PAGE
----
Epiphanius wrote a book exposing 80 heresies of his time. History professor Young Kim is writing about him.
Salamis, one of the little towns where history professor Young Kim will be working next fall is an archeological ruin more than 3,000 years old. The town is mentioned in the Bible in Acts 13:5: “When they arrived at Salamis, they proclaimed the word of God in the Jewish synagogues.” It was also the home of Epiphanius, the fourth-century bishop of Cyprus famous for his expertise in heresies.
Kim has recently landed a Fulbright Research Grant to study Epiphanius—a church father born in Palestine—and write a book about his life and work. “He wrote this large manual that described the beliefs, practices and refutations of 80 heresies,” Kim said. The work is called the Panarion, Greek for “Medicine Chest,” and it cautions against, among many others, the Manichaeans, the Origenists, various ‘Gnostic’ sects and the different derivations of non-Nicene theology.
“However, the Panarion tells us in many ways more about the author than it does about the heresies he describes … ,” said Kim. “It embodies in written form his self-constructed public persona—as the defender of orthodoxy, the scourge of heretics.”
Kim hopes to bring some nuance to his portrait of the Epiphanius, taking his cues from the heresiologist’s signature work. While, traditionally, scholars have read the Panarion as a source book of heresy, the trend in recent scholarship is to read a heresiology like the Panarion as a "construction" of orthodoxy and heresy:
“In other words, Epiphanius infused into his writing his own convictions and beliefs, and he sometimes deliberately twisted, manipulated, and distorted his presentation of heretics to strengthen the validity, rationality, and orthodoxy of his own positions,” said Kim. “Thus the work of the Panarion was a work that served to augment personal power and authority.” He plans to read the Panarion as something more like an autobiography: “I'm going to be looking for the man, the author behind the writing,” he said.
Kim, a specialist in late Roman history, believes the fourth century, the Constantinian era, is one of the most important in church history for articulating the basic doctrines of the Christian faith. “This is the time when Christianity had become a legal religion, and Christians were debating, writing, and arguing like they never had before,” he said. “Epiphanius is part of that very, very large conversation on Christian theology.”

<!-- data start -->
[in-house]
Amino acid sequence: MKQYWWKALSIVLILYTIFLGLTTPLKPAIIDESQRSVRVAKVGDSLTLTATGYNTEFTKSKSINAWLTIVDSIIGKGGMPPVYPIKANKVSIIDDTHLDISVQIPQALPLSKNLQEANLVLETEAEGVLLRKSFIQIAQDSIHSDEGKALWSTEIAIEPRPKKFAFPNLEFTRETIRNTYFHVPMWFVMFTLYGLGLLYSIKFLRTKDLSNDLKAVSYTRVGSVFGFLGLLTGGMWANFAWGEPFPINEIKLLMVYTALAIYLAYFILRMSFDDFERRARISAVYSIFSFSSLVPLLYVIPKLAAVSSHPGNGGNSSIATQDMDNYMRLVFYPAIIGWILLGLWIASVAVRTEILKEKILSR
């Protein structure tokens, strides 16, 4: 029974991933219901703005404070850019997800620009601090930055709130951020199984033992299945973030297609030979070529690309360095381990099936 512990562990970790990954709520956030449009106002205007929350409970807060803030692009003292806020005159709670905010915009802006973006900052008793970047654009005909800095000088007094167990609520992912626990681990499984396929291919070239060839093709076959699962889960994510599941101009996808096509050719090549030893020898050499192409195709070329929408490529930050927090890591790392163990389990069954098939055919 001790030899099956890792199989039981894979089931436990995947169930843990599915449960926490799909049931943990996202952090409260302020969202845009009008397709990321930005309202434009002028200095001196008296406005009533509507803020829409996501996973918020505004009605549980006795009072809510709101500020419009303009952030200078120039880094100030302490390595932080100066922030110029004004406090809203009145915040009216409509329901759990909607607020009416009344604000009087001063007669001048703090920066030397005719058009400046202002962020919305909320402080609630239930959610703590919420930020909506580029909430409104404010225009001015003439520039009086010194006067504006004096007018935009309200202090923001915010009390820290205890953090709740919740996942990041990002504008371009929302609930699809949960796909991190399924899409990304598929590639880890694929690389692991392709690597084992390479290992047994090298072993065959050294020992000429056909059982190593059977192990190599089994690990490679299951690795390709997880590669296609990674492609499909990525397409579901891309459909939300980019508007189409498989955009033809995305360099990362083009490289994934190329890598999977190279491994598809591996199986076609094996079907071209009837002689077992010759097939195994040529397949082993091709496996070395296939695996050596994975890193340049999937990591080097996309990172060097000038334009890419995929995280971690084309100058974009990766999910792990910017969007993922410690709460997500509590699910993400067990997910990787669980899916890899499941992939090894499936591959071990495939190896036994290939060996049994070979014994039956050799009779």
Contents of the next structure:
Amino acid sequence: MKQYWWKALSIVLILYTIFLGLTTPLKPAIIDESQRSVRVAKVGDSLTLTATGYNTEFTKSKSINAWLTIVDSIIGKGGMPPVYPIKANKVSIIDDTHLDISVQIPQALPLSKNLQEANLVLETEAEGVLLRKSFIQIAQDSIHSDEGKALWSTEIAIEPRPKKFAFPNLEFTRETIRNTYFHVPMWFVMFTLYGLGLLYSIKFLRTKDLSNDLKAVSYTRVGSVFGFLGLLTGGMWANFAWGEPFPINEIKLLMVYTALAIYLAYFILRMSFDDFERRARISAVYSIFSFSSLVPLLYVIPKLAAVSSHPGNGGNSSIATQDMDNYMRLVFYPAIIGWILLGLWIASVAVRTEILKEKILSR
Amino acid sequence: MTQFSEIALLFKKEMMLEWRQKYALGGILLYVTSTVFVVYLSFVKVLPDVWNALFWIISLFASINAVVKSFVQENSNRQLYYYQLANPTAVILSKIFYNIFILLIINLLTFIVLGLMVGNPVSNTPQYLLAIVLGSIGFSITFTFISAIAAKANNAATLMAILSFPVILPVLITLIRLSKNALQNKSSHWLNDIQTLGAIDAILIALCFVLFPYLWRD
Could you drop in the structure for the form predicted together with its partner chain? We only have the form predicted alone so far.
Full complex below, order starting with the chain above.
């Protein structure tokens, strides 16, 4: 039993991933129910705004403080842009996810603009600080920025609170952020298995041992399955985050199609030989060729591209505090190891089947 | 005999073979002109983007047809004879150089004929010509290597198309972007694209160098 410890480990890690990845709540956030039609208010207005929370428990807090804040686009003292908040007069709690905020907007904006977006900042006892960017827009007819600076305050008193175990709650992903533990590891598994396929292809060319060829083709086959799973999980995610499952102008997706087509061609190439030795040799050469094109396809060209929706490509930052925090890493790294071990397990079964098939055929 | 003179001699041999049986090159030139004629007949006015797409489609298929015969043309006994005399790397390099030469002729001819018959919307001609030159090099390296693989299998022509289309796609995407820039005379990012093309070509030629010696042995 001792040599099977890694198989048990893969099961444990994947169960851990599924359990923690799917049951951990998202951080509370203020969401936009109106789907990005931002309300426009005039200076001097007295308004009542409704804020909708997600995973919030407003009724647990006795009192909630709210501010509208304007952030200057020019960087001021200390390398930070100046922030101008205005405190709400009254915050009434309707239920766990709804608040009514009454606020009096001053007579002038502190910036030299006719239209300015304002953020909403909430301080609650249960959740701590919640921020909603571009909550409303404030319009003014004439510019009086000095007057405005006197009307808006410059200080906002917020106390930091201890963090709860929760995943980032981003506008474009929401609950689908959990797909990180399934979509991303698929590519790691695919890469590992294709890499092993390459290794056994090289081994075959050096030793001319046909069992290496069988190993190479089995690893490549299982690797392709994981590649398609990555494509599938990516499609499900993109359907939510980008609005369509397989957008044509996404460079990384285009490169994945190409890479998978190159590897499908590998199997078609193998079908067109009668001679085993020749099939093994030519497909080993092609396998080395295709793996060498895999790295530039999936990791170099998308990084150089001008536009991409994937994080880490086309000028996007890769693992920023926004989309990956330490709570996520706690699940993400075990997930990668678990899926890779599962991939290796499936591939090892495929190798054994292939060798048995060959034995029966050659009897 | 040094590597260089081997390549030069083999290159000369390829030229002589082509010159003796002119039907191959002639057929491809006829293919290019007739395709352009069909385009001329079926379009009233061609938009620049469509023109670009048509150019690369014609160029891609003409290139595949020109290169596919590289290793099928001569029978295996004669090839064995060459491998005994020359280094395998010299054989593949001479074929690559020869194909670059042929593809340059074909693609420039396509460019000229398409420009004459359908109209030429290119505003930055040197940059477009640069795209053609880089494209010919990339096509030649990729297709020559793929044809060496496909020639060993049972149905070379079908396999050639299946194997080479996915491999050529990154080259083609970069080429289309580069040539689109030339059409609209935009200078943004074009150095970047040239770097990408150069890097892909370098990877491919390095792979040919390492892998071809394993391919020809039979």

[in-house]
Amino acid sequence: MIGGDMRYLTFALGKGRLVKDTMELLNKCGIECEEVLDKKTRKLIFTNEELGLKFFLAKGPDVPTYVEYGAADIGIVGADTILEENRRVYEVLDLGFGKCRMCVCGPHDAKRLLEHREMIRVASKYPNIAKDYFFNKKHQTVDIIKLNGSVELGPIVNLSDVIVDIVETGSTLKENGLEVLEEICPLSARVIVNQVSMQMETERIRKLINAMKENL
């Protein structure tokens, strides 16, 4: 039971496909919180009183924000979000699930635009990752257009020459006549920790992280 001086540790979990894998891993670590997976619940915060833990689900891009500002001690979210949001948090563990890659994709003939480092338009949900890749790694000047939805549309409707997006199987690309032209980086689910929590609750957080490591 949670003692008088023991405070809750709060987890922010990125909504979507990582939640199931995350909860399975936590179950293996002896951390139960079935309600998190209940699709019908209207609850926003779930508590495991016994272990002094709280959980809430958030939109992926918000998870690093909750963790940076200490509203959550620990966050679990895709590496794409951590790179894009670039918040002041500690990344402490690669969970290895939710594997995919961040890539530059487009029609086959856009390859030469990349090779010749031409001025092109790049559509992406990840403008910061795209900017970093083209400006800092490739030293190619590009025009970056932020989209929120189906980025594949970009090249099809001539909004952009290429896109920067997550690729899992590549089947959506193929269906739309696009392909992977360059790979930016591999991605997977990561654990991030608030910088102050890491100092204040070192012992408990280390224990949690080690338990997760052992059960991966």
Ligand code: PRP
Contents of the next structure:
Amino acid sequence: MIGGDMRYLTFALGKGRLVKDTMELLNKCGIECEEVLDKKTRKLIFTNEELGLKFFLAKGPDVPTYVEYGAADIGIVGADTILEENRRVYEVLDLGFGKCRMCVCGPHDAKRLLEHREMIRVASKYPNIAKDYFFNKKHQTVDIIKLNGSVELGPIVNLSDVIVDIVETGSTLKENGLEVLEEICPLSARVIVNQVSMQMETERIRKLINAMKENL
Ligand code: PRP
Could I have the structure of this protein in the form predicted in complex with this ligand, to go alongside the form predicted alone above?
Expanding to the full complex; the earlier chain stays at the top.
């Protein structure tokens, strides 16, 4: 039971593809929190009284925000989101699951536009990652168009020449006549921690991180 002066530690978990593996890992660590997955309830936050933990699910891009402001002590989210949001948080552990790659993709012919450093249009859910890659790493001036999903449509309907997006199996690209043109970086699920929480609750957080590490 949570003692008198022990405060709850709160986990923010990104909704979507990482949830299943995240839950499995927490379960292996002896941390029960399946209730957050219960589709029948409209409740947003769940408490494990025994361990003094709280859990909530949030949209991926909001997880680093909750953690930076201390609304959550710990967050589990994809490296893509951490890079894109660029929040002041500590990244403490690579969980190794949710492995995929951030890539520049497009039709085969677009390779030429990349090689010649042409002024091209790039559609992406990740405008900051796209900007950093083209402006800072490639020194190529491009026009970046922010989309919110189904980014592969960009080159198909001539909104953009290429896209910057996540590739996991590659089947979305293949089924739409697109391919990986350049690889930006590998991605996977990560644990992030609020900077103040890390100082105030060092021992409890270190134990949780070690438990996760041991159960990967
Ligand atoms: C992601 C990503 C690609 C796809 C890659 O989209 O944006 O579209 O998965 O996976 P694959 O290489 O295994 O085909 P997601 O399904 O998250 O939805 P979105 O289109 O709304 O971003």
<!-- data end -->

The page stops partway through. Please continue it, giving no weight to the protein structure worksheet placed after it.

Kim hopes to make that conversation less black-and-white, an approach he also takes in his teaching. “I want students to complicate things; because if history teaches us anything, it’s that things are always more complicated than they are made out to be,” he said.
Kim’s own history began in southern California, in Orange County. In a history of Christianity course he took his freshman year, he read Augustine’s Confessions for the first time. “It’s a bit of a cliché to talk about Augustine as an inspiration,” he confessed, “but that’s what did it for me.”
A double honor
He earned a bachelor’s degree in history, Greek and Latin at UCLA and a doctorate in history from the University of Michigan. Kim came to Calvin in 2006. Though he doesn’t like the winter cold (“I tolerate it”) he does like the academic climate: “I experienced the gamut of Christian traditions growing up,” he said. “The idea of always reforming, I keep very close to my heart”
The Fulbright Scholars Program, administered by the U.S. Department of State, Bureau of Educational and Cultural Affairs, is an international educational exchange created in 1946 to increase mutual understanding between the people of the United States and other countries. The program awards 800 grants to scholars annually.
"The history department is delighted that Young Kim has received a Fulbright Research Grant," said history department chair William Van Vugt.
"Such a prestigious award is a good indicator of the quality of Young's work, and it is a good reflection of the department at large. We are proud to have him as a colleague."
Kim and his wife Betty and sons, Ewan and Rhys, will live in Nicosia, Cyprus, from September to May, 2013. In addition to researching and writing, Kim will be collecting images for his book of the icons of Epiphanius scattered around Cyprus. He’s planning to learn modern Greek, partly because he loves languages and partly to show respect for the Cypriots he’ll meet. “I’m looking forward to hours and hours of reading and writing,” he said.
Calvin faculty Fulbright winners:
1998 Joel Adams, computer science
1998 David Van Baak, physics and astronomy
2004 Johnathan Bascom, GEO
2004 Joel Adams, computer science
2006 Dwight Ten Huisen, Spanish
2009 David Hoekema, philosophy
2009 Janel Curry, GEO
2009 James Bratt, history
2010 Henk Aay, GEO
2010 Amy Patterson, political science
2011 Jonathan Bascom, GEO
2011 Corwin Smidt, political science
2012 Young Kim, history